There were a few questions about the Healer/Helper archetype as described by Adolf Guggehbühl-Craig: (let’s call him G-C for the rest of this discussion) G-C was a psychiatrist, a training analyst and eventually the head of the Jungian institute in Zurich (which is interesting as he himself actually never underwent a Jungian analysis of his own) He is famous/infamous for his contrarian stance, and his constant interest in surfacing the unconscious/ulterior motivations that are coupled with roles and behaviors that are commonly considered beneficent. The book I recommended “Power in the Helping Professions” is an exploration of the unconscious dark side/shadow aspects of the helping professions, the ways that the power granted to “Healers” can become contaminated with unconscious and defensive maneuvers on the part of the therapist. He in no way advocates that therapists should intentionally “hoodwink” clients – or avoid our humanity in therapeutic relationships – but he does warn us that our very facility at “self-reflection” and our hyper-developed “psychological mindedness” can be unwittingly and unconsciously employed by therapists to avoid uncomfortable conflicts. The most classic (and extremely common) example of this is when a client confronts a therapist about some failure or impasse that has emerged between them, and in response, the therapist makes a transference interpretation dismissing the confrontation as the client being “merely” caught up in a transference of a problematic figure from childhood. We have all heard such tales, and clicked our tongues but G-C calls on all therapists to examine how they, even in much subtler ways, participate unconsciously in similar actions simply as a result of the powerful position we are placed in as “healers.”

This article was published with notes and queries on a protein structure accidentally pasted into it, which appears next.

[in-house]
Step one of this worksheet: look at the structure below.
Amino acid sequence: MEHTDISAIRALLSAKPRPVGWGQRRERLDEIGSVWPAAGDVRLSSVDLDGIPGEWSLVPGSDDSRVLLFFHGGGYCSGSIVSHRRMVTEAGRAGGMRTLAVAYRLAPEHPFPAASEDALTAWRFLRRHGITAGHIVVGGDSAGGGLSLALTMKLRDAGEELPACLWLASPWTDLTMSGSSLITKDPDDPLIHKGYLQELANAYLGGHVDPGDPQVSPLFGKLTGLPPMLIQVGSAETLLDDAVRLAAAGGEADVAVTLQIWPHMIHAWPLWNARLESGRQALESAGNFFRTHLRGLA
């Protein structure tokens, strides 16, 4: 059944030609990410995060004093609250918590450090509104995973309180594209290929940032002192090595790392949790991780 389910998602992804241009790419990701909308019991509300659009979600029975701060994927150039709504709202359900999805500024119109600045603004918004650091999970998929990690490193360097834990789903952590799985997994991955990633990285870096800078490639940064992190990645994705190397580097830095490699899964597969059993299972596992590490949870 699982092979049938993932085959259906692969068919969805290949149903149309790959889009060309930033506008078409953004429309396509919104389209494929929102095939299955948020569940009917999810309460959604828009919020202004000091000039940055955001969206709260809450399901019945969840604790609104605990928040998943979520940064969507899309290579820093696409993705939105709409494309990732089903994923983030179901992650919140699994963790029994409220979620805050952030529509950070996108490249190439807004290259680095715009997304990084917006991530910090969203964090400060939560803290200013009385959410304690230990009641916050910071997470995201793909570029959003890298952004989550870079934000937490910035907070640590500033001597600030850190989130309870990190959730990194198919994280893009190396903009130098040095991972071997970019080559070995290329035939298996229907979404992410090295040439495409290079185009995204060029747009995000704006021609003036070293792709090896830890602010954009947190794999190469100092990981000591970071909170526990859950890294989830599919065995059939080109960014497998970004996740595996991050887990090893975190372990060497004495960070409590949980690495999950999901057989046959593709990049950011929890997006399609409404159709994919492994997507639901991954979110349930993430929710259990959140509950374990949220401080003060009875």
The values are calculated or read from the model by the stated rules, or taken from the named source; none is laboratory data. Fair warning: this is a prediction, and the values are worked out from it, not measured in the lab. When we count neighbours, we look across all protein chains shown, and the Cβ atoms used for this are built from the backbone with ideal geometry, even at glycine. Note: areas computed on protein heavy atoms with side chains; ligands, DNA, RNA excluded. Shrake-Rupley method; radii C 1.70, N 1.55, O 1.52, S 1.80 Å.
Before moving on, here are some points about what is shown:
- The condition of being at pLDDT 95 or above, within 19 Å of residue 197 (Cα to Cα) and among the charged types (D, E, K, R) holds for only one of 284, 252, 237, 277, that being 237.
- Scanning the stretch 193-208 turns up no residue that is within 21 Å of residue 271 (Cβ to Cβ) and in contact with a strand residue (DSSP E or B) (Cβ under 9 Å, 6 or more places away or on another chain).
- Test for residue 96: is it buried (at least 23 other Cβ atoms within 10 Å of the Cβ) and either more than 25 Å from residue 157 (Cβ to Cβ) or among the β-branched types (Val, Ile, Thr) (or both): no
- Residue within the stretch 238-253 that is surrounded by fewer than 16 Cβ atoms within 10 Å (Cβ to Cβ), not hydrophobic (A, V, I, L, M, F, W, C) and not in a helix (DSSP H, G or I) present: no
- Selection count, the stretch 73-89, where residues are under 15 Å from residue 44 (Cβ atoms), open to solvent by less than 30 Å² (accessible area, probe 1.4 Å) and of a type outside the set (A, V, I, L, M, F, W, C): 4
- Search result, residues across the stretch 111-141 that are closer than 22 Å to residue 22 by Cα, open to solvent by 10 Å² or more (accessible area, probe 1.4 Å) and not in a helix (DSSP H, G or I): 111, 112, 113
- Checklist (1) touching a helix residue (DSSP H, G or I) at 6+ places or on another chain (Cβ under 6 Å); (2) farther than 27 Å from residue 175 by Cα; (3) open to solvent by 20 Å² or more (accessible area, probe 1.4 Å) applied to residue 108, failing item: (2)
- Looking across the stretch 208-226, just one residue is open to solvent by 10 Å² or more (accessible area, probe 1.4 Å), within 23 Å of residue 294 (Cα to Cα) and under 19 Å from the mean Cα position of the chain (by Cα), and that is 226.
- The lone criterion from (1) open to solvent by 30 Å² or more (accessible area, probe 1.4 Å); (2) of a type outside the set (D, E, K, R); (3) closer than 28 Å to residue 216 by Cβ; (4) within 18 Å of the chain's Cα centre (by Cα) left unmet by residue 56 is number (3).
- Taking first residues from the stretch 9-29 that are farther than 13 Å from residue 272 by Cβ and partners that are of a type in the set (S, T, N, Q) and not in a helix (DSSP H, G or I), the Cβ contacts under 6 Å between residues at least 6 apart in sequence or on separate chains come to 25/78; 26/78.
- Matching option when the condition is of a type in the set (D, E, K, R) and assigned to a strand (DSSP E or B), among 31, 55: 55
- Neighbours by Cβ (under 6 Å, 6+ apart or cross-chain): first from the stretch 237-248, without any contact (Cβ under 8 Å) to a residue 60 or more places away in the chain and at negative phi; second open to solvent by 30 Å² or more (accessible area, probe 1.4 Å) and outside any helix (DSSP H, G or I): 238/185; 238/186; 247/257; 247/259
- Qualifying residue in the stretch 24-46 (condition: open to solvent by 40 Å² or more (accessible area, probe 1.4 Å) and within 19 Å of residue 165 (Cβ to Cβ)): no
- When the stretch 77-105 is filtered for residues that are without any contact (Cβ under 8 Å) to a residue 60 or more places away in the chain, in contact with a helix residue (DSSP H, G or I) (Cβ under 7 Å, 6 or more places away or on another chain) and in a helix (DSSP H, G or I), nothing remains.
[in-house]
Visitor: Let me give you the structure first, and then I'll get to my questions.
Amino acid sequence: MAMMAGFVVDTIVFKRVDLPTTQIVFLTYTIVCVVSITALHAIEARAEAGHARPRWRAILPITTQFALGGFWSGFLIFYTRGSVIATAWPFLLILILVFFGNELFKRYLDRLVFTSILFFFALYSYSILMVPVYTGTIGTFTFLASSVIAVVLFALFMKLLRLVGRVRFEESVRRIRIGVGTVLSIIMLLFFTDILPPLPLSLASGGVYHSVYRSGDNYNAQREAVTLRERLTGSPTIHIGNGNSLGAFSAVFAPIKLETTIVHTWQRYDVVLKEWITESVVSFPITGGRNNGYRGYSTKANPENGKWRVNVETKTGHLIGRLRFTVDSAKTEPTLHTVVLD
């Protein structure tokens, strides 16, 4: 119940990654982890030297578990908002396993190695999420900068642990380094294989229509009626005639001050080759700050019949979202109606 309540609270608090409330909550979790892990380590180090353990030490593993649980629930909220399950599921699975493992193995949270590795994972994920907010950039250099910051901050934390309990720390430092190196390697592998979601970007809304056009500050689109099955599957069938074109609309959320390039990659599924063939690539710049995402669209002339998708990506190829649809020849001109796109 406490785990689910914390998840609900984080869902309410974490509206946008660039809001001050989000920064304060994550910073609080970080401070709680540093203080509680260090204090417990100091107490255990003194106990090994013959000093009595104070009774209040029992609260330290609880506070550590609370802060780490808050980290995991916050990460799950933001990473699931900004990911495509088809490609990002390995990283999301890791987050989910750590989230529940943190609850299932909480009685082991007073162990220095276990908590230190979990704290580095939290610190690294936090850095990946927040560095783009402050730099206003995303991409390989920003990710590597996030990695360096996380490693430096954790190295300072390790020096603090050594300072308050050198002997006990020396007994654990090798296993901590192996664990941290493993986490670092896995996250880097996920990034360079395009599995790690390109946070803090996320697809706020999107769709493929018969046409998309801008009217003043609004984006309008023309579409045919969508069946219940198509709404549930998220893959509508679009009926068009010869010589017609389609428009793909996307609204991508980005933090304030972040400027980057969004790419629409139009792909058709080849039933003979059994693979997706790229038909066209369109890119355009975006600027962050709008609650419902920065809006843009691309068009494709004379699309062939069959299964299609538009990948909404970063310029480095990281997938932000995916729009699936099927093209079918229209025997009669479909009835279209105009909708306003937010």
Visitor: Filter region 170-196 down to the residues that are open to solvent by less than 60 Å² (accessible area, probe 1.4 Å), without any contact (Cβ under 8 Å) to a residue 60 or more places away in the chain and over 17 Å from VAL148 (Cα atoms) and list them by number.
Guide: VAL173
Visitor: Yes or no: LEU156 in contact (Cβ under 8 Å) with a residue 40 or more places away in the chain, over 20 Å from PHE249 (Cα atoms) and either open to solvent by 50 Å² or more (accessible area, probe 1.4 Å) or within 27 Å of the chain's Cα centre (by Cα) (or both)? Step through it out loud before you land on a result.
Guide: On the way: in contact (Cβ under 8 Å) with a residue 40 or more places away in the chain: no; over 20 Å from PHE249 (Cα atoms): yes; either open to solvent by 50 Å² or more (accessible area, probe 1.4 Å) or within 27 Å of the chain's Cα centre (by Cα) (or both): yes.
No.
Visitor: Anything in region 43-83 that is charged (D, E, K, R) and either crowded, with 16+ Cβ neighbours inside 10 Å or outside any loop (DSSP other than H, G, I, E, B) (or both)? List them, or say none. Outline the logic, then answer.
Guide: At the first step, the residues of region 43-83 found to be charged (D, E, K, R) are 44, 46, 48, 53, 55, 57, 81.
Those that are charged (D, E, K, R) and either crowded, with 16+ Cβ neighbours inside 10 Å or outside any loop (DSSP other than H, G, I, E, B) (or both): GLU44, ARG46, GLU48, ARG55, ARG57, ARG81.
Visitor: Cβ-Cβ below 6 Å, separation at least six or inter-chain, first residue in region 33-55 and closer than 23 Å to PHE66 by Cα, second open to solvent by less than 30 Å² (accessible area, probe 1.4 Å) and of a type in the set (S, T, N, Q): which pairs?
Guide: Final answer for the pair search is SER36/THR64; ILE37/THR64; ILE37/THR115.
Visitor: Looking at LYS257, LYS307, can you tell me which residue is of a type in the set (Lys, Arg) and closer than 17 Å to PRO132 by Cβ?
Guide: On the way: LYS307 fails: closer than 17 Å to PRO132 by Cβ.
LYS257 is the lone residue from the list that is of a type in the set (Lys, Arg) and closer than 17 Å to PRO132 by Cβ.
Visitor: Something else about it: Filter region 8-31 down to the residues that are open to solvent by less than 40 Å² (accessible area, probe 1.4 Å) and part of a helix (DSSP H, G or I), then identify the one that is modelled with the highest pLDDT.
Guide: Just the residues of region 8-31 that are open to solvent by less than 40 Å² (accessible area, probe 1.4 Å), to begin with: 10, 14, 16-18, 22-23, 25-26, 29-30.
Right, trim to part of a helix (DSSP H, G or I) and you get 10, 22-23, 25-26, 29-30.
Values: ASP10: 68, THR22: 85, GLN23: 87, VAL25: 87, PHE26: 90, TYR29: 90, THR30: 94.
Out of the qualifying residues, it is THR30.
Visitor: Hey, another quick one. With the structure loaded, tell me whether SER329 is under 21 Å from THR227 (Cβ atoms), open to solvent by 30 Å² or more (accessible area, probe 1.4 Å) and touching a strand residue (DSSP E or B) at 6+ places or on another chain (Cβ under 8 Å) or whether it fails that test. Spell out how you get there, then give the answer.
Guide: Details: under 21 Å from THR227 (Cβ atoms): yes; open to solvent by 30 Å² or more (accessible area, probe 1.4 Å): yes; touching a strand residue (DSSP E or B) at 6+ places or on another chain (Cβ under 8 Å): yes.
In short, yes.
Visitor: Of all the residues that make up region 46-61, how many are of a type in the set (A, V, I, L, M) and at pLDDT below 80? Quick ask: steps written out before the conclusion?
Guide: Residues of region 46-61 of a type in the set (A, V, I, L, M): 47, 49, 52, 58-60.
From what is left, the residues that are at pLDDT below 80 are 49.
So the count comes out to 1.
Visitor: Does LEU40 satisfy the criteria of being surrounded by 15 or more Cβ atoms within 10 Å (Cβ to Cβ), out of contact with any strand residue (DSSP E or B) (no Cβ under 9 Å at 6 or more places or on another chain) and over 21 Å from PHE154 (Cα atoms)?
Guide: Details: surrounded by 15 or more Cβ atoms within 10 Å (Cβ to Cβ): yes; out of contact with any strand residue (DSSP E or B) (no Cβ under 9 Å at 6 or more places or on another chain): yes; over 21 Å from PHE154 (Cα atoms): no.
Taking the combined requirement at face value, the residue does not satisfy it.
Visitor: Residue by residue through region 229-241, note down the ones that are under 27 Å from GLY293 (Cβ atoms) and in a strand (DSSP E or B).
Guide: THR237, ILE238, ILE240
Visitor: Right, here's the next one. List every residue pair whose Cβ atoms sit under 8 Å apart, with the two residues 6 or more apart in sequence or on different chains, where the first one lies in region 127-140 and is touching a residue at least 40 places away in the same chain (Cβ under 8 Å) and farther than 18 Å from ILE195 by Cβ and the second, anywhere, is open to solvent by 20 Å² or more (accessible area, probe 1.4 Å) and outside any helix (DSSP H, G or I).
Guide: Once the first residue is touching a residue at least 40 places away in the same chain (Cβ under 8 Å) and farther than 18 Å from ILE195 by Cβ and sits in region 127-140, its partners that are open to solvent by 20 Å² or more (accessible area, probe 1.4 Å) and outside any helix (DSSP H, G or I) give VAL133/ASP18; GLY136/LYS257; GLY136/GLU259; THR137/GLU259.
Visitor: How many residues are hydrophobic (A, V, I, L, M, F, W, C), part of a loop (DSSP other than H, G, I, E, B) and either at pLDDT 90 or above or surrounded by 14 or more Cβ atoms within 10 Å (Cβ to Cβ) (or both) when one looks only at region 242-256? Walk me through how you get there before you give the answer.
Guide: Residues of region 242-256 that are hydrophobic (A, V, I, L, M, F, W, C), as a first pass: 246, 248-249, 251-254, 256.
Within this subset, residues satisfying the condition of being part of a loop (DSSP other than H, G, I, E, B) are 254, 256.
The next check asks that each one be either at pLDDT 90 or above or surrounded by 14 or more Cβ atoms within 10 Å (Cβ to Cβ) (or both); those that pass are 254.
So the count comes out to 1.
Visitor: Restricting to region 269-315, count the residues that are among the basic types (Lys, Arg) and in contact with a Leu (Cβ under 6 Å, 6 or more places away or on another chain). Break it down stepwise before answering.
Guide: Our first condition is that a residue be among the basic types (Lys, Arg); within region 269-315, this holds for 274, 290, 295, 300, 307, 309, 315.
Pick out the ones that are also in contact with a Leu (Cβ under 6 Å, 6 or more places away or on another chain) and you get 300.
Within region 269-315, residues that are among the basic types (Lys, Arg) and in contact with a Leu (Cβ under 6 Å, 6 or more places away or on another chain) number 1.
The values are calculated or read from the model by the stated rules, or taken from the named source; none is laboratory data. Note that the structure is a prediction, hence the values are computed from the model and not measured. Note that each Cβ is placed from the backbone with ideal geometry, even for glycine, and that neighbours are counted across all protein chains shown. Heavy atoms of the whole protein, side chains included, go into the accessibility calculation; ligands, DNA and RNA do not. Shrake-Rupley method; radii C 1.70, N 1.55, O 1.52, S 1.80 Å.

For those interested: He is all about exploring the underbelly– and you can read more about G-G here:
His writings are often quite dated to his era, but I have found them fascinating and worth contemplating.
Also: some had questions about the Jungian construct of “archetypes” – a notion that can seem both obvious and mystifying at once: I’ll take a quick pass at defining this construct a little more clearly: